The We Buy Houses fast type of stuff is, in my opinion, where the money is made in the industry, I think that the money is made on the buy, not on the sell, like you got to buy low, and pay whatever trades you need to pay to make it marketable, and then sell that market. Like, you can't control what you're going to sell for. But you can control what you're going to buy for within, you know, within reason, right? Otherwise, you don't buy it. So that is the biggest part that I'm focusing on now. A lot of marketing on the back end, making sure that the properties when you buy them, the numbers line up. Got it?

 

Georges El Masri 

What kind of, so are you offering second mortgages? yourself?

 

Ryan Carr 

I would do them for sure. So it depends on the deal. Some people need construction financing. Some people need just to, you know, have the cash to get out of a situation, whatever that situation may be, whether it's family, or separation or whatever, right? Absolutely.

 

Georges El Masri 

Are you setting someone up with a mortgage as in maybe like through someone's RRSP? Or something like that? Or you loaning out your own money?

 

Ryan Carr 

It would be a little bit of both? So again, it's very dependent on the deal. Yeah. If somebody came to me and said, Look, this is my proposition, I need a second mortgage for two months for construction financing, or five years for Car Loan Repayment, or something like that we can kind of structure backwards based on their needs. So if it's my capital, great, if it's a partner's capital, great, just depends on what everybody's risk appetite is for what we're lending on. Oh, got it. Got it.

 

Georges El Masri 

At this point? Is it a struggle for you to get financing for properties? Are you capped out? Or are you still at that point where you can still get mortgages?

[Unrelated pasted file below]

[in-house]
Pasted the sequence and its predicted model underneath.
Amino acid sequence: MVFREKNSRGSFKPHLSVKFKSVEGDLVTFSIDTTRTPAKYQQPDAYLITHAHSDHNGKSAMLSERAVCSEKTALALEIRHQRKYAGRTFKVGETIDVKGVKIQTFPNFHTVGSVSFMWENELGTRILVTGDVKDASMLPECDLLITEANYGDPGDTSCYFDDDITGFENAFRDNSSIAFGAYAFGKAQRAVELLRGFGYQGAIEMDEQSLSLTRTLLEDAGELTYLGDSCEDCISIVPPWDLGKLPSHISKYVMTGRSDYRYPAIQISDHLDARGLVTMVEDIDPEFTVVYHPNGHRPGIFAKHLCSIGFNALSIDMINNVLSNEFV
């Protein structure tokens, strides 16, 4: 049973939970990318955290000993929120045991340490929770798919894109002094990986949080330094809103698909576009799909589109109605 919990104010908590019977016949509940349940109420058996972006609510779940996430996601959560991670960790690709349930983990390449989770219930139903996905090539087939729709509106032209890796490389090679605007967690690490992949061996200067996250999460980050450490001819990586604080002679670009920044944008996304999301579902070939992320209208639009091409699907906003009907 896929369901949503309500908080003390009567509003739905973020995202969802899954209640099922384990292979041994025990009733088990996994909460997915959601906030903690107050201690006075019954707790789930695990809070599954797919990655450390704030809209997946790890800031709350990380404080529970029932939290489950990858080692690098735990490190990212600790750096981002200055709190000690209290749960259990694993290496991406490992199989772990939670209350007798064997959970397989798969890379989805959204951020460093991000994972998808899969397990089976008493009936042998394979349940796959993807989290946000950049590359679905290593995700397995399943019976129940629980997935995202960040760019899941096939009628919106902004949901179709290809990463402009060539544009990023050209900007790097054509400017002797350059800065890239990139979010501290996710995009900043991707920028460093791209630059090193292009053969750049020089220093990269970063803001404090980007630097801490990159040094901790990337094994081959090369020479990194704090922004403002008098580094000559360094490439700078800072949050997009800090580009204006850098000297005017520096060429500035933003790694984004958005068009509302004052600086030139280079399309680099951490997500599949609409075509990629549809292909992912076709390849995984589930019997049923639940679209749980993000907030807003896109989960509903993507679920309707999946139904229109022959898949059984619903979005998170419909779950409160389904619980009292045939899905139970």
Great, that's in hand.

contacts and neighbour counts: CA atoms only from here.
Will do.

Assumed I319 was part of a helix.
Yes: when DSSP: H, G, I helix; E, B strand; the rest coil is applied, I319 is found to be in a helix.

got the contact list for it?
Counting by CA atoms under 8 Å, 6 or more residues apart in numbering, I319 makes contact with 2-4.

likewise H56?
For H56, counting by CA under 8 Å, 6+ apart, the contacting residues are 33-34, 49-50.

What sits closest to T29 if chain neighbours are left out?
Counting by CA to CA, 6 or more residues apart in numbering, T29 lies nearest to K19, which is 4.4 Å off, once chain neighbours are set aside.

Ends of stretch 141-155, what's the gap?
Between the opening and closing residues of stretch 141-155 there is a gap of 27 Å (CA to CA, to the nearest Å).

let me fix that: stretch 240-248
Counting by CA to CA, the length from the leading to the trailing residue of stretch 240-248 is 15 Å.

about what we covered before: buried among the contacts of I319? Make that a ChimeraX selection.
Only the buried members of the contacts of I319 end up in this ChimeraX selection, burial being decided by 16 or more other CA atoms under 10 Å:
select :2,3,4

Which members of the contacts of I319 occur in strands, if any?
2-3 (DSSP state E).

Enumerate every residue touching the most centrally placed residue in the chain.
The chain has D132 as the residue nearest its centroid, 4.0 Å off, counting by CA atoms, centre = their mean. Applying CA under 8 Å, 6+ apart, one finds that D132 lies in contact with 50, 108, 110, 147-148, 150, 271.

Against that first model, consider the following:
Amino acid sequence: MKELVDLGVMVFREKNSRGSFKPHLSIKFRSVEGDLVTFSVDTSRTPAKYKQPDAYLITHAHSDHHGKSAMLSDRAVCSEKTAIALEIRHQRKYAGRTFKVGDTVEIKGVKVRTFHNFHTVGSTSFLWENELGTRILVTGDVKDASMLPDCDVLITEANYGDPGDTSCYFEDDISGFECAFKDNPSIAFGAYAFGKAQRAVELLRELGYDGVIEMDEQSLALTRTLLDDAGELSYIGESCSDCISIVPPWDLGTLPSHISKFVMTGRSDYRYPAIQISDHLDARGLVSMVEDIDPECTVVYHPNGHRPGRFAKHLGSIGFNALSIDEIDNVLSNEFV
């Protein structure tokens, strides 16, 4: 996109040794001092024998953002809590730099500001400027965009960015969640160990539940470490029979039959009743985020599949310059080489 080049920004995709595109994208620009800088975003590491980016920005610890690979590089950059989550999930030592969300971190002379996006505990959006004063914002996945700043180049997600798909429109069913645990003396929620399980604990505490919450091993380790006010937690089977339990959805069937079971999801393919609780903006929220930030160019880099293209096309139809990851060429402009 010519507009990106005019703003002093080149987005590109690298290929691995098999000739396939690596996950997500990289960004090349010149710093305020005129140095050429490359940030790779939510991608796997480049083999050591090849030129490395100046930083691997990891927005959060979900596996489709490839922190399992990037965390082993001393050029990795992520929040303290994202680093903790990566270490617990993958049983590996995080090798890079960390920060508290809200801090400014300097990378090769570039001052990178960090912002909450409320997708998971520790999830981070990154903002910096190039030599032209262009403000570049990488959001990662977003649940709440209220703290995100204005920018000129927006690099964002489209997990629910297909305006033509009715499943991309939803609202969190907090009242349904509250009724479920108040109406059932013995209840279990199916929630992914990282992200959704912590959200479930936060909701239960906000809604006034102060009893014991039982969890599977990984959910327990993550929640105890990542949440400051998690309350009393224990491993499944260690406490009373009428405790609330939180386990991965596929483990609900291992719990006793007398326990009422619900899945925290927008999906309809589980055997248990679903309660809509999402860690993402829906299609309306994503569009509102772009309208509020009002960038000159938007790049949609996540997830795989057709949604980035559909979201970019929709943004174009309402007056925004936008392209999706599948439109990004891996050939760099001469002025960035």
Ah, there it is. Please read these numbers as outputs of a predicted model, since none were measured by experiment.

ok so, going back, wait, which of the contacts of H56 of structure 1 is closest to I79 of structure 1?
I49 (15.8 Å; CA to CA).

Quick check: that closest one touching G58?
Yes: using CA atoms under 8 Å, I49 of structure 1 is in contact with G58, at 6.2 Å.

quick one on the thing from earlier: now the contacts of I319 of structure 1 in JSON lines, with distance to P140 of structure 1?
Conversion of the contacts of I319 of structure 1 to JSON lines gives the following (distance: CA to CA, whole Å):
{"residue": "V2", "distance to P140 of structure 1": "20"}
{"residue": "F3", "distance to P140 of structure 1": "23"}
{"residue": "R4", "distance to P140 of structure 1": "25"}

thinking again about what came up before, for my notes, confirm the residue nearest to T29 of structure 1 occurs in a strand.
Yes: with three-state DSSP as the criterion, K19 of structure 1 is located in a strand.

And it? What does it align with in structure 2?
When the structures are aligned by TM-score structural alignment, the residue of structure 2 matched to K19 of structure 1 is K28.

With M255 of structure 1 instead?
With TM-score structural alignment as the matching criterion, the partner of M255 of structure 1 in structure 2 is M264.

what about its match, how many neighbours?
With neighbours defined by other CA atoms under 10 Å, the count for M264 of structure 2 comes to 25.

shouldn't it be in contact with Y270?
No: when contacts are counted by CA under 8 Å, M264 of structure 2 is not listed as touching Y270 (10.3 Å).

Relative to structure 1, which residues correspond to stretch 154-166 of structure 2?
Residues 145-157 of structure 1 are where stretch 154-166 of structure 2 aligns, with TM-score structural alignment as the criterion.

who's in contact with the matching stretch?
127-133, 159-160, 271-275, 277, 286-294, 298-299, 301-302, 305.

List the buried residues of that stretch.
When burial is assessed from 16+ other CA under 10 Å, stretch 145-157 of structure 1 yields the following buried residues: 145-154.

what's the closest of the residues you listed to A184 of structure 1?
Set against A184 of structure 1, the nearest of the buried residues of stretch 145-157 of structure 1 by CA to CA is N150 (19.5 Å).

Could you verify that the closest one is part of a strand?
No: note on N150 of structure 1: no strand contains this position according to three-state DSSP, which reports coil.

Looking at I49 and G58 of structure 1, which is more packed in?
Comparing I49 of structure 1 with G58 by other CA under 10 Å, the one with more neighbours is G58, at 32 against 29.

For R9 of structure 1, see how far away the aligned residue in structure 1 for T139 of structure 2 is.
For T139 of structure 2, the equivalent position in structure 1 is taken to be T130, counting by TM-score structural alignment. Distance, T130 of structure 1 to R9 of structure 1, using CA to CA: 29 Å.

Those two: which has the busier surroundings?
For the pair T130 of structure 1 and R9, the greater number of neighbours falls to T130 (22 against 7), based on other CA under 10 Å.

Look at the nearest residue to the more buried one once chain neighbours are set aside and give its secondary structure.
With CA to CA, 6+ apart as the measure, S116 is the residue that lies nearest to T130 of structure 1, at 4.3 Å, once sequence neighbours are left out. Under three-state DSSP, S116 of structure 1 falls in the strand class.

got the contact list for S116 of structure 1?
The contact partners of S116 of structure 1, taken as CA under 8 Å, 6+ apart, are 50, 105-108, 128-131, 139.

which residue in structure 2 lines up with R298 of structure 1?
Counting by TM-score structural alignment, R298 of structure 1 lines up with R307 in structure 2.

Ryan Carr 

I'm along with capital with an a lender. The thing with the banks, right is that like for all of the, for anybody who's got more than like, five properties like they think you're a nobody, you know what I mean? It makes it really hard, especially when you're self-employed. Being self-employed is like the toughest thing ever, you know, to show the right amount of income and structure your tax return, exactly the way that the banks want to see it, but not pay too much tax. And, like it's a real challenge. So lenders are pretty much for me, JV partners are a good way to go in that respect. Some B lenders or some credit unions are also another way to go. I'm looking into those avenues as well. Some people have really helped me out there. So I'm capped out with the big banks long past that, but we're trying different alternative methods. Cool.

 

Georges El Masri 

Yeah. On that note, do you feel that going the JV route is better than going with private mortgages, people always say joint ventures are it's the most expensive money you can get? Or you can go private get like 12%, or whatever. What's your thought on that?

 

Ryan Carr 

Depends on what you're doing. So as much as I hate, and it depends on the answer, I do want to break it down. So for a lot of people listening, if you're going to flip, for example, and you've got a house that you're going to buy for x and put x into, and then resell it for, for a certain amount to borrow money short term at 12% is really not the end of the world. Like if you're in and out and six months, borrowing a 12%, even though it may seem like oh my god 12%, why would I pay that when I can borrow from the bank of three, right? That may be cheaper than splitting the deal with a partner. So in that situation, if money, dollars and cents are the only goals for that project, then maybe paying 12% is a better way to go. Right? On the flip side, if you're looking to build a relationship with a JV partner, and they say, I just want to get into this deal, you know, let's test the waters, let's flip this house. And if you're a good person, then I'll reinvest more capital with you, then maybe that 12% method would have saved you some money, but now you've lost the lifetime value of a JV partner. Right, right. So you got to play both sides of the coin and see what's going to be better long term if that's your endgame. Right.

 

Georges El Masri 

But what kind of advantages Can you have from having a good relationship with a JV partner?

 

Ryan Carr